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Martens Argues Congress Must Pass Glass-Steagall, as Big Five Are Signaling Blowout

April 1, 2019 (EIRNS)—Banking expert Pam Martens used her April 1 “Wall Street on Parade” column to outline a financial blowout threat that is no joke: The five biggest U.S.-based banks notified the Securities and Exchange Commission (SEC) in their own annual reports for 2018, that their immense derivatives exposures “could blow up Wall Street again.” Martens detailed all five, but used JPMorgan Chase as her first example because of the massive losses its derivatives portfolio whacked it with back in 2012.

JPMorgan stated that it has sold credit default derivatives on $177 billion of “sub-investment grade,” or junk, loans and bonds. That puts it on the hook for huge payouts if this junk defaults. And it acknowledged to the SEC that although it has monitored this risk—and may have offset it by buying other huge piles of credit derivatives—“its efforts to diversify or hedge its exposures against those risks may not be successful,” she quotes the bank’s annual report.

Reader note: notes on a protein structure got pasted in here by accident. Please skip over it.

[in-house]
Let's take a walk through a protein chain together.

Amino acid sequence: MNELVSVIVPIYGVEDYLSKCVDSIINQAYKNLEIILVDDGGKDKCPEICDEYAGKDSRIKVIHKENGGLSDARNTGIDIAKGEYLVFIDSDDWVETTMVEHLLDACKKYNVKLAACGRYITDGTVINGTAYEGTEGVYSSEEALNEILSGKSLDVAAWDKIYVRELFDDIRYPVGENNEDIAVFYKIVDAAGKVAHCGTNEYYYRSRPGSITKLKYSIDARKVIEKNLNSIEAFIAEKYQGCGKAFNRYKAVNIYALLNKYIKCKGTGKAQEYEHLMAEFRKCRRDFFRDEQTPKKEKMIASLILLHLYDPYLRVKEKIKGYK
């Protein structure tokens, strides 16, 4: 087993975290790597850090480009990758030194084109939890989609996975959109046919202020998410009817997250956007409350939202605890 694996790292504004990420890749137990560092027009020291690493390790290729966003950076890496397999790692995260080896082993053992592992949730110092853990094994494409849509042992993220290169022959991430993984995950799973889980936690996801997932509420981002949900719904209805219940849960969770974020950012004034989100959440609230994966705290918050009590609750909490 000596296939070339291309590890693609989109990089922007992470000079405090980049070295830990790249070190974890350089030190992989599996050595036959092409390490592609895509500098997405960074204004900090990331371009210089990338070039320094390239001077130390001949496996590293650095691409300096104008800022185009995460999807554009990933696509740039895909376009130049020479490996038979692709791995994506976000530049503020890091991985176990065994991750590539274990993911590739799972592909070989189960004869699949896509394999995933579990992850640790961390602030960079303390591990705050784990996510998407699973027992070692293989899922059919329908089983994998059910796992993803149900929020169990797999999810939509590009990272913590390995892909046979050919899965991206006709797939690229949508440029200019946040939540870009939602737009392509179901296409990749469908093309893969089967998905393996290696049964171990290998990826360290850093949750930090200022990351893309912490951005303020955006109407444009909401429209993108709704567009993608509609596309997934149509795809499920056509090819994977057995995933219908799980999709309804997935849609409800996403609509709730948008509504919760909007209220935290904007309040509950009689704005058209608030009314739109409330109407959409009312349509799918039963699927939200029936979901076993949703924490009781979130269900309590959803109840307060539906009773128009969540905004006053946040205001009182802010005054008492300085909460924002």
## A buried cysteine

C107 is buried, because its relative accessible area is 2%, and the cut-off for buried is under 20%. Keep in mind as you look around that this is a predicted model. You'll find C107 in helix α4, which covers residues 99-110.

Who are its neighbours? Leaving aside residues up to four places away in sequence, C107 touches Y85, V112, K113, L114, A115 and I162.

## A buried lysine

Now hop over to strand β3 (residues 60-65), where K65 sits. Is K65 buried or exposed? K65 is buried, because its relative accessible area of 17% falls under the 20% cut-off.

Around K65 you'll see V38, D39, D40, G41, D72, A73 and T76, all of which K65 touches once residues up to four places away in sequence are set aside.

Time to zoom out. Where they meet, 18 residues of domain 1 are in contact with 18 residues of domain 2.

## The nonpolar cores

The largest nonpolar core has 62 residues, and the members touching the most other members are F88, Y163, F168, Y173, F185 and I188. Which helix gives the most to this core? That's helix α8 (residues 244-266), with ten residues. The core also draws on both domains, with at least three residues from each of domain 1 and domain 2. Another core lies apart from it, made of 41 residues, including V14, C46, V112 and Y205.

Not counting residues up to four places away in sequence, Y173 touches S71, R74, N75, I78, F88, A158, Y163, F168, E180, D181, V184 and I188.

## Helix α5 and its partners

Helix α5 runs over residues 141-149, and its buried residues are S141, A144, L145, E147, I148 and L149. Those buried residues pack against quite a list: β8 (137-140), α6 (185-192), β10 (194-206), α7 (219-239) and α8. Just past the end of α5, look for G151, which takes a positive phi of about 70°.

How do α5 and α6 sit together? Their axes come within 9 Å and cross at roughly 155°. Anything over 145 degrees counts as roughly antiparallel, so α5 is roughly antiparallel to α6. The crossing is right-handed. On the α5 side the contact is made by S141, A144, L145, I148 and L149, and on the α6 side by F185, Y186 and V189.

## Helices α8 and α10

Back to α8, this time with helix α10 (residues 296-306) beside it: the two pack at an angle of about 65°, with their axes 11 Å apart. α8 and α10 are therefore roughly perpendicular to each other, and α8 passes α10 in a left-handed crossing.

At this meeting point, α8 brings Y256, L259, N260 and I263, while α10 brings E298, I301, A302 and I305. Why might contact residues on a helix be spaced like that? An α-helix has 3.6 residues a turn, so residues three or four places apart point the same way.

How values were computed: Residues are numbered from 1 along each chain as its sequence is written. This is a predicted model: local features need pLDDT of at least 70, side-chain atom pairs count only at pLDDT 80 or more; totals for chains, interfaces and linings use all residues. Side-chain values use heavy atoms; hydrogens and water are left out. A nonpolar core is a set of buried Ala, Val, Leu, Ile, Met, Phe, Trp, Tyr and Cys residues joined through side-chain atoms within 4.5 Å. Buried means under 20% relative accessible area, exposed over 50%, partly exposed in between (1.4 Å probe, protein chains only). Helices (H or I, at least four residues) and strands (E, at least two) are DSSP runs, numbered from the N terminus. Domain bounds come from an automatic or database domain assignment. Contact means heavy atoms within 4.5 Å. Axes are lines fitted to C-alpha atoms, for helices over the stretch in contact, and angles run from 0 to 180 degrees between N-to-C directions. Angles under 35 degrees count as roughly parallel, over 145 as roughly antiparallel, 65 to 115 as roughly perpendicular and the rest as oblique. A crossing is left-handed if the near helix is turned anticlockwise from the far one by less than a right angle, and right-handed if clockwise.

Most important here is that the $177 billion in junk debt Morgan has insured is 55% more than it had done for such junk in 2012, when those junk credit derivatives suddenly lost the bank’s London division a whopping $6.2 billion. These were the so-called “London Whale” derivatives holdings. Essentially JPMorgan was claiming to be more careful now. Yet, as Martens explains, the bank has, in fact, just brazenly told the SEC that it has a much larger position in credit derivatives than it is allowed to have, even under current, emasculated bank regulations.

Bank of America, Citigroup, Goldman Sachs and Morgan Stanley provide only slight variations from this picture in their filings, each quoted in detail.

These SEC filings, Martens writes, “provide the strongest argument thus far for Congress to enact legislation to separate the Federally insured, deposit-taking commercial banks from the trading casinos on Wall Street. In other words, Congress needs to restore the Glass-Steagall Act, which kept the U.S. financial system safe for 66 years until its repeal in 1999.”

Usefully for this purpose, the column also gives the latest figures for the total face-amount holdings of financial derivatives contracts by these big five banks. They are: JPMorgan Chase, $48.2 trillion; Citigroup, $47 trillion; Goldman Sachs, $42.3 trillion; Morgan Stanley, $32 trillion; and Bank of America, $31.7 trillion; total exposure, $201 trillion.

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